As you can see from these examples, the discussion often includes both sides' behaviors - the method declarator's side and the client's side. The very term method scope used in your question is ambiguous and that may be at the root of the issue here.

We have the strictly lexical method scope as used in the compiler domain. It's the part of your code in which those arguments and local variables of the method are accessible. Obviously, this scope is not meant here, since looking at the method caller is clearly outside of it.

The method scope of an interface method though reaches far beyond that to all points at which the class loader can potentially access the interface. In other words, it is part of that scope to consider invoker usages of your method and its return values.

Finally, you may define an entirely different scope for your method in the area of your problem domain (as in the "string tokenization scope") and you may come to yet another solution on what the best return type should be.

In summary, be aware of what your method's scope actually means to you and your team and as usual, weigh the pros and cons of each approach within that scope.

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Returning immutable data is an example of "the pit of success". In order for some other part of the system to modify it, it must explicitly convert it to a mutable data set and modify it. This reduces the chances of an accidental modification leading to a bug. Thus the phase: you are making it easier to write reliable code by using immutable data types by default, you are making it easier to fall into the "pit of success".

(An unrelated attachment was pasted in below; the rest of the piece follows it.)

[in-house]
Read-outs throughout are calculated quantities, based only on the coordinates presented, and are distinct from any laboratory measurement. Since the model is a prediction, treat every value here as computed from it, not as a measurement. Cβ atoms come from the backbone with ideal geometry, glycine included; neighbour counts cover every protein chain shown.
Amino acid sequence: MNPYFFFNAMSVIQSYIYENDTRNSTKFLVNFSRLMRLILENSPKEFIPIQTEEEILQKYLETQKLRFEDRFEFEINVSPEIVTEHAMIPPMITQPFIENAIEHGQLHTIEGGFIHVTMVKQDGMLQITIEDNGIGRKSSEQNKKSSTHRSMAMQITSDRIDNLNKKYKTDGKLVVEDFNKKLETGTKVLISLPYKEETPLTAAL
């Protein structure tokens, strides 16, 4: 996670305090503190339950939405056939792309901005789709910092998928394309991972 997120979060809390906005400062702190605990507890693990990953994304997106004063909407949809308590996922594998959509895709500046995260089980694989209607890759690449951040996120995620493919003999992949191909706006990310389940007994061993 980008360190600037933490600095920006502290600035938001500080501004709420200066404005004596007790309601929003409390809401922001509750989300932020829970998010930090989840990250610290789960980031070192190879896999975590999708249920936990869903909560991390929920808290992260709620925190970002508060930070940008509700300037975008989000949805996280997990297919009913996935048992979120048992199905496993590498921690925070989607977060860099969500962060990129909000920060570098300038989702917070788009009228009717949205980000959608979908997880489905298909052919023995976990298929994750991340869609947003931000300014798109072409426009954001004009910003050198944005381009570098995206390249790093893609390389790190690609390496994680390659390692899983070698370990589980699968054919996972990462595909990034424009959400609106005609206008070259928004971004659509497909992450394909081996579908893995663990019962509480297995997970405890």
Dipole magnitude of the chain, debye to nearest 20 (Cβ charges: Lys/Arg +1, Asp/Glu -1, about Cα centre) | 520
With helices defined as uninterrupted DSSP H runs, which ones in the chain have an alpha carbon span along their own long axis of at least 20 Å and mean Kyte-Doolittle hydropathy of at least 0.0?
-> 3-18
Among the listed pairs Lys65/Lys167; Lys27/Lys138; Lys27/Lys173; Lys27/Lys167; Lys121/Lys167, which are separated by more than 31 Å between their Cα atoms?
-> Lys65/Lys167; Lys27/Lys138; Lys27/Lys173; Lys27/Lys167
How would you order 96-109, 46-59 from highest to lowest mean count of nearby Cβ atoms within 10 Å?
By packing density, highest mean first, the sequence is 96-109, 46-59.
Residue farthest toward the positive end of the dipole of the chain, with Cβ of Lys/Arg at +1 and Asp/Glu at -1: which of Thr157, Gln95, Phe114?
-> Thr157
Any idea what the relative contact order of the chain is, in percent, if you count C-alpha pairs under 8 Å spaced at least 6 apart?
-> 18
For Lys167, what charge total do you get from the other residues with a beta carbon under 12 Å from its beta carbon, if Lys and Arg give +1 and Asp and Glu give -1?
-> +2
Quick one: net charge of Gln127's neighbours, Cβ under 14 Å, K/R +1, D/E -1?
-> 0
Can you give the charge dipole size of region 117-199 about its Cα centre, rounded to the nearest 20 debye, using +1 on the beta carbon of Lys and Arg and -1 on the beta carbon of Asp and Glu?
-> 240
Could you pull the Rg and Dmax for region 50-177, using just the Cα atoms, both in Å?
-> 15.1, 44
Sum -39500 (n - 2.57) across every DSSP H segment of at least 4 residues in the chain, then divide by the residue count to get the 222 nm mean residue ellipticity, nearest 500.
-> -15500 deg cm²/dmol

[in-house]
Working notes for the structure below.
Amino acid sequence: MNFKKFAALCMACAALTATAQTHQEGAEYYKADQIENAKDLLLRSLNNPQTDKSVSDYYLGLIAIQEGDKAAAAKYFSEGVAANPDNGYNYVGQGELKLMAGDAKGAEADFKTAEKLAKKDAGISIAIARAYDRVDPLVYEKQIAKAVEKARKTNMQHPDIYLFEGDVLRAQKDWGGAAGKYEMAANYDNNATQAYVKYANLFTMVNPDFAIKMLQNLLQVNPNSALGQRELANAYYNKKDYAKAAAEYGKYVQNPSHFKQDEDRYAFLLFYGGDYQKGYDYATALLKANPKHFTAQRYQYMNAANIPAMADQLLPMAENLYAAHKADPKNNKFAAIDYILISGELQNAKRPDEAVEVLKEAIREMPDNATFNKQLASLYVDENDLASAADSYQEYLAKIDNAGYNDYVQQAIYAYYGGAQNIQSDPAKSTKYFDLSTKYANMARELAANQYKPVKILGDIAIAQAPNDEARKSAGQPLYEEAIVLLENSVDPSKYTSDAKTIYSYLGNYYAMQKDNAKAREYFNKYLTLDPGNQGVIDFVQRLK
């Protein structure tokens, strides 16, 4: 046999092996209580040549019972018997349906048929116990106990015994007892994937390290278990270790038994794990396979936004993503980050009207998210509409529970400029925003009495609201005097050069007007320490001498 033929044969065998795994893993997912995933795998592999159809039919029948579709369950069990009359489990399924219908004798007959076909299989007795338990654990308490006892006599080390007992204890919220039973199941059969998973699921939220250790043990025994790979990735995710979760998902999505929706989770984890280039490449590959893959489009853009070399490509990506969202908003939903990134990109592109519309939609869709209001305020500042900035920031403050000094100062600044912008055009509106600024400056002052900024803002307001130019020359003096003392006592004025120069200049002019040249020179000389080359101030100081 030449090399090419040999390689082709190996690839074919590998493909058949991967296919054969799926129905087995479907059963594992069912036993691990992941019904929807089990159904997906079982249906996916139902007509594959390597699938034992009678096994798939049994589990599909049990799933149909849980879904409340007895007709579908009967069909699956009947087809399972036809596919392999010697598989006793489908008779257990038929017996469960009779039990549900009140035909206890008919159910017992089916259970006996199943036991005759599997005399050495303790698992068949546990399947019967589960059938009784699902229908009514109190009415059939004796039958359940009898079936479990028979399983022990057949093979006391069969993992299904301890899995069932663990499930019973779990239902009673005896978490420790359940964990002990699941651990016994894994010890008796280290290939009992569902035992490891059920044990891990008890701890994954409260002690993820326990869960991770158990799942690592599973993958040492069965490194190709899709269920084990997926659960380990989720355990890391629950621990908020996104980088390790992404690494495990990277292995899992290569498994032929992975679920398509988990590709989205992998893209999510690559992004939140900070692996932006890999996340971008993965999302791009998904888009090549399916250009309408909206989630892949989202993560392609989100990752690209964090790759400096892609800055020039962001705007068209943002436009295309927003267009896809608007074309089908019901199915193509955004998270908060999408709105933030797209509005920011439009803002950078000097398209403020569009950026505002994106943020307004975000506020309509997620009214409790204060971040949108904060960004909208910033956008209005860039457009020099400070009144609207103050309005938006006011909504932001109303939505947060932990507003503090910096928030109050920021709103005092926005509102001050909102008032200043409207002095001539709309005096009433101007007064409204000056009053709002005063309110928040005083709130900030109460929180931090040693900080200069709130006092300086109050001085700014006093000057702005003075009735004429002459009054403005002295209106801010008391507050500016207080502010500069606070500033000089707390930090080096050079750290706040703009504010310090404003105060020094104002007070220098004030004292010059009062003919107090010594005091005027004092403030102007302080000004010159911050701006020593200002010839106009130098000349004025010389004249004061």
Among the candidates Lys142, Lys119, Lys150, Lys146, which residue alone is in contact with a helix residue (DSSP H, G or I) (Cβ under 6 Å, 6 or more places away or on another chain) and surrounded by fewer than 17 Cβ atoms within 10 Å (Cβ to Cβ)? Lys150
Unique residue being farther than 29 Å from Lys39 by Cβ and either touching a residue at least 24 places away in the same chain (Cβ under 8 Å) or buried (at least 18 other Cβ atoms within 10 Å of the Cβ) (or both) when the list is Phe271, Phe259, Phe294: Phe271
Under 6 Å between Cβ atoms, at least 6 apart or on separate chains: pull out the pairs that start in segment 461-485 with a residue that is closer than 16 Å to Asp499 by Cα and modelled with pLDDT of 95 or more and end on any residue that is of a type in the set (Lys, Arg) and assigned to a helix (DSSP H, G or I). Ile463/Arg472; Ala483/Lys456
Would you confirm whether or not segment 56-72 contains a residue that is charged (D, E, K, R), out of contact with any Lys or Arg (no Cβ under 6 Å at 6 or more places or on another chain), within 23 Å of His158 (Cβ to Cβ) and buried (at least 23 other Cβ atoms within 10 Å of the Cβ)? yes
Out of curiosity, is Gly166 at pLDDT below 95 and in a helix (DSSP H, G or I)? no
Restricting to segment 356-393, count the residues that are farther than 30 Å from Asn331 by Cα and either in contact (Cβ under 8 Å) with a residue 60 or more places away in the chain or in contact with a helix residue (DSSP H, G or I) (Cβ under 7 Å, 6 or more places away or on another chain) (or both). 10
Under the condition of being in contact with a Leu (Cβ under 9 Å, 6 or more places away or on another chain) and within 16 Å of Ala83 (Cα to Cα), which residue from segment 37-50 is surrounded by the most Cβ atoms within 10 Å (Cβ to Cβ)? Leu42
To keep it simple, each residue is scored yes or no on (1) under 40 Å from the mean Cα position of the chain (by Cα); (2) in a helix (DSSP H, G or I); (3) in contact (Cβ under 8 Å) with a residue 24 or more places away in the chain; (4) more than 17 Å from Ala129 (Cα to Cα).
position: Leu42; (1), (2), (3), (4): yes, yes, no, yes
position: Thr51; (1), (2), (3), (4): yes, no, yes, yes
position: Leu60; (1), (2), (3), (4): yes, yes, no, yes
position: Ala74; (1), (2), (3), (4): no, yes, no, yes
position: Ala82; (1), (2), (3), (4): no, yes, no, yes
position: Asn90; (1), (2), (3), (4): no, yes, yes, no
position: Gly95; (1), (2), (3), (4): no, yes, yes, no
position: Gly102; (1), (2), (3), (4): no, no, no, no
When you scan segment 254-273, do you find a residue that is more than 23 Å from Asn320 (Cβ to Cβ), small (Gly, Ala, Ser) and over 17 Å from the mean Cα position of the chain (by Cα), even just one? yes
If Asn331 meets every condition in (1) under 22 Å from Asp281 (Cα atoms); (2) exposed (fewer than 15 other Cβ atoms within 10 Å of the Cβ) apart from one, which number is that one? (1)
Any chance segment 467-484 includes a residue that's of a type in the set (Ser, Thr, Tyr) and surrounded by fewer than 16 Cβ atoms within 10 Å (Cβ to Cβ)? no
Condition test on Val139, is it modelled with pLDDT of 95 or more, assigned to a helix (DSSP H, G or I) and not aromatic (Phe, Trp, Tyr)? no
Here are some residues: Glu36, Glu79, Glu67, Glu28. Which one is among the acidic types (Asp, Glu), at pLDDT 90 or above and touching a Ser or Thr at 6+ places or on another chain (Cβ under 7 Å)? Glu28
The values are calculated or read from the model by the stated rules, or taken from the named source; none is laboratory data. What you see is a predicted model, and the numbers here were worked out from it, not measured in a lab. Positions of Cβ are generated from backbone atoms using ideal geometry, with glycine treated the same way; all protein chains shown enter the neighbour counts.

The only reason not to therefore return an immutable data set is for performance reasons. Even here, there is a risk of micro-optimising the code. If the performance of the method becomes a problem, then consider changing it; not before.

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First, returning an immutable list doesn't preclude the invoker from just immediately making a mutable list out of it, so, other than some performance concerns, you are not constraining what's possible for the invoker. However, you touched on why it is still desirable to return an immutable collection in your question.

I do not assign that reference to any instance variables. Rather, I just return it to the invoker.

How does the invoker know this? If I'm accessing your tokenizer through someInterface how are you going to enforce this in every class that implements that interface? A comment? If you were programming in Rust this would be enforceable, but few other languages allow you to express transferring ownership.

By returning an immutable collection, the invoker immediately knows that they don't have to worry about someone somewhere having a reference to the same list; they immediately know that two calls to the tokenizer return non-interacting objects.

If the performance cost of returning an immutable collection was too great though, you could consider using techniques like Rust and C++ to return an object representing having unique ownership of a value. This would allow you to communicate (though not quite enforce) the guarantee. Admittedly, without the guarantee it probably isn't worth the hassle.